LFIAA Taiji Qigong Exercises “Seeking the Stillness within the Movement”

As we all should know the practice of any taiji qigong exercise should be performed as slowly as possible, especially for the maintenance of health and wellbeing. It can take a lot of time and practice for any individual to gradually begin to slow down their taiji qigong exercises to the point that each particular exercise becomes more drawn out , with the duration of the exercise lasting several minutes rather than a few seconds. Obviously for any individual to reach this level of taiji qigong practice means that a few other skills need to be developed, such as their ability to lengthen their breathing using long, slow, deep, smooth and silent breathing inwards and outwards through the nose. Secondly their ability to lengthen their concentration and not let their mind become distracted with other thoughts entering their. Mind.

It is the individuals skilful control of their breathing that dictates the speed of their taiji qigong actions, as the breathing and movements should be in time with each other. So learning to breath deeply into their lower Dantian (Elixir Field) located behind the navel takes a long time to perfect as many individuals breath shallow into the top half of their lungs. Learning to develop a still and quiet mind is properly the hardest thing that any taiji qigong student as to learn, as many individuals never learn to achieve this state of mind and they either give up on their taiji qigong exercise or they simply race through their exercises with no mind & body connection.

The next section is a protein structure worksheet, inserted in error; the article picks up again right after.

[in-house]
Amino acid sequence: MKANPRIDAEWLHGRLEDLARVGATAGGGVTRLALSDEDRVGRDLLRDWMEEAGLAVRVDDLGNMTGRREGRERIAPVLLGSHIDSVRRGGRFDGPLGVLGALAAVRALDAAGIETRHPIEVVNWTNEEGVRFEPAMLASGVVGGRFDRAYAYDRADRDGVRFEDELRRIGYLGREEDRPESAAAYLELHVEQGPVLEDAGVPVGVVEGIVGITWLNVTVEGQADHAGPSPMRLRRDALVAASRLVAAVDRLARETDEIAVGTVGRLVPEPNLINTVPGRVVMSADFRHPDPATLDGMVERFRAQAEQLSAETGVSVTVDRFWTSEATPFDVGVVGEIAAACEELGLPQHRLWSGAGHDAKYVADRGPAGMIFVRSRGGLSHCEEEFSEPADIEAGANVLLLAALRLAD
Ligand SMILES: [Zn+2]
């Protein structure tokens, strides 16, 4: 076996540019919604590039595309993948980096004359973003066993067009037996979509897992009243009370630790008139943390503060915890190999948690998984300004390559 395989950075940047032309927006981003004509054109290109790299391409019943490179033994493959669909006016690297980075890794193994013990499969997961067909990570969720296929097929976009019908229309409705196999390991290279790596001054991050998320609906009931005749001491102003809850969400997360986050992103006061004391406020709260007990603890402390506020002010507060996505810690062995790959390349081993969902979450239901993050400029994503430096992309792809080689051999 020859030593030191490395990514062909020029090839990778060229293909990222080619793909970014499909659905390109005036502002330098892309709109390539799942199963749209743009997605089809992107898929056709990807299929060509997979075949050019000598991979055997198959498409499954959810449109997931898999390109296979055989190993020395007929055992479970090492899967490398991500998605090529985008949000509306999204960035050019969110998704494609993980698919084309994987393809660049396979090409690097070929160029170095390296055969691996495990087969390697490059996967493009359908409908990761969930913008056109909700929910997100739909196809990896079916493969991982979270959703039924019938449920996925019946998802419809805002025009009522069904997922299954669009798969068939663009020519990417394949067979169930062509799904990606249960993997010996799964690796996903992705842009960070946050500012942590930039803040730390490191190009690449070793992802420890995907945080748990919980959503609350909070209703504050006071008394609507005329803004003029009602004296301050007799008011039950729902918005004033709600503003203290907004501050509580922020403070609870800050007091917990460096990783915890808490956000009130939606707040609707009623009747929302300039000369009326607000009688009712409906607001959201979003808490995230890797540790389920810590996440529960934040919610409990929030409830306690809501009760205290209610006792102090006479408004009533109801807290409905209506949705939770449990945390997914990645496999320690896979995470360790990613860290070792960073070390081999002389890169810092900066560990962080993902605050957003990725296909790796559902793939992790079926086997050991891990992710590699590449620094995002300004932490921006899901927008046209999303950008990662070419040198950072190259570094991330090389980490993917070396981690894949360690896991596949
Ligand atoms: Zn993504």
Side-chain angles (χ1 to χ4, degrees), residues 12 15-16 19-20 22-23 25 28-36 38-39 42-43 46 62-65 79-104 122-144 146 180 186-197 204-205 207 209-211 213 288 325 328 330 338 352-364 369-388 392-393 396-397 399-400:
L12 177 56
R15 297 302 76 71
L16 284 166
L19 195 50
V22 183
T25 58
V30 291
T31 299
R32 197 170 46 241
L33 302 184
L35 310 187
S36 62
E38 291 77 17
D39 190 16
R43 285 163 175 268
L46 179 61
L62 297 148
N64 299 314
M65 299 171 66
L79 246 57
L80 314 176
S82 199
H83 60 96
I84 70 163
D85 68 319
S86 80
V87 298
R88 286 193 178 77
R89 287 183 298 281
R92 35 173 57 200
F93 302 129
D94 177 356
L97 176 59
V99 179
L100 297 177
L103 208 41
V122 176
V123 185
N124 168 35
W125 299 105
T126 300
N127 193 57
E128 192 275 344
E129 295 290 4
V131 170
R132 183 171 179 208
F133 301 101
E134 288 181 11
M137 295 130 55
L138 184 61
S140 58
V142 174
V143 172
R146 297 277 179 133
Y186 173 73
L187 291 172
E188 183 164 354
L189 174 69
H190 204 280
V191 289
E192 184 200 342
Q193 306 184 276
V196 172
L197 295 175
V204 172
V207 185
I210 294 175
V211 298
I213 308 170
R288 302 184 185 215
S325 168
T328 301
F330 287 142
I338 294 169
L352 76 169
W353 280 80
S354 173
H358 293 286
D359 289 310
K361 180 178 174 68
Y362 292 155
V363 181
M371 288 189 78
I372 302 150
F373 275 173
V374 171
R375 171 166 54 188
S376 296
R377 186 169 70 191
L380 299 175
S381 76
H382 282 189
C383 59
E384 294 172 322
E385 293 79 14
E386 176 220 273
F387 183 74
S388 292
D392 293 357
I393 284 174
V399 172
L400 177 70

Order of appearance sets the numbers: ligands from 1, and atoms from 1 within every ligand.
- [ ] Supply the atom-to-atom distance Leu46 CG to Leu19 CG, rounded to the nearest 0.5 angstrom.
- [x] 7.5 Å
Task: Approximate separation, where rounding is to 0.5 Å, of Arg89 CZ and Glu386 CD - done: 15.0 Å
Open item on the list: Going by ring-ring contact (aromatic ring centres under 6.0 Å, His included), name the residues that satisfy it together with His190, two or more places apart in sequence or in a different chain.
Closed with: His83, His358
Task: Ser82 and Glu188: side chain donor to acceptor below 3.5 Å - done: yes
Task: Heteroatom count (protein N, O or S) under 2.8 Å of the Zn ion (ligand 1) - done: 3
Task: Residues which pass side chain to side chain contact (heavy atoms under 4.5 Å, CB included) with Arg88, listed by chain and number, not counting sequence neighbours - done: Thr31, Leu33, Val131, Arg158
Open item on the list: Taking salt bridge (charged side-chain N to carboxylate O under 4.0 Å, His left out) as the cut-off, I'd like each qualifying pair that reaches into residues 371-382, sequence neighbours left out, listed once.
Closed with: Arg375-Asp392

Lao Zi in his Daodejing says can you remain Still, while the Mud settles. Meaning can you allow your mind to remain calm, clear and still and not allow your thoughts to Muddy the mind. To some this might be an easy task when they are simply practicing just one particular taiji qigong exercise. But it becomes more difficult to achieve when you are practicing a longer sequence of exercises that are all connected together as some individuals have a tendency to speed up which is an obvious sign that their concentration as been disrupted and they are no longer in control.

Many individuals practice the taiji qigong exercises for many reason, but sadly not many aim to deepen their practice by “Seeking the Stillness within the Movement” many are simply happy to just practice their exercises to just try and relax and not concerned at all about cultivating the Qi towards entering into the meditative state by quieting the mind to achieve serenity (Jingping).

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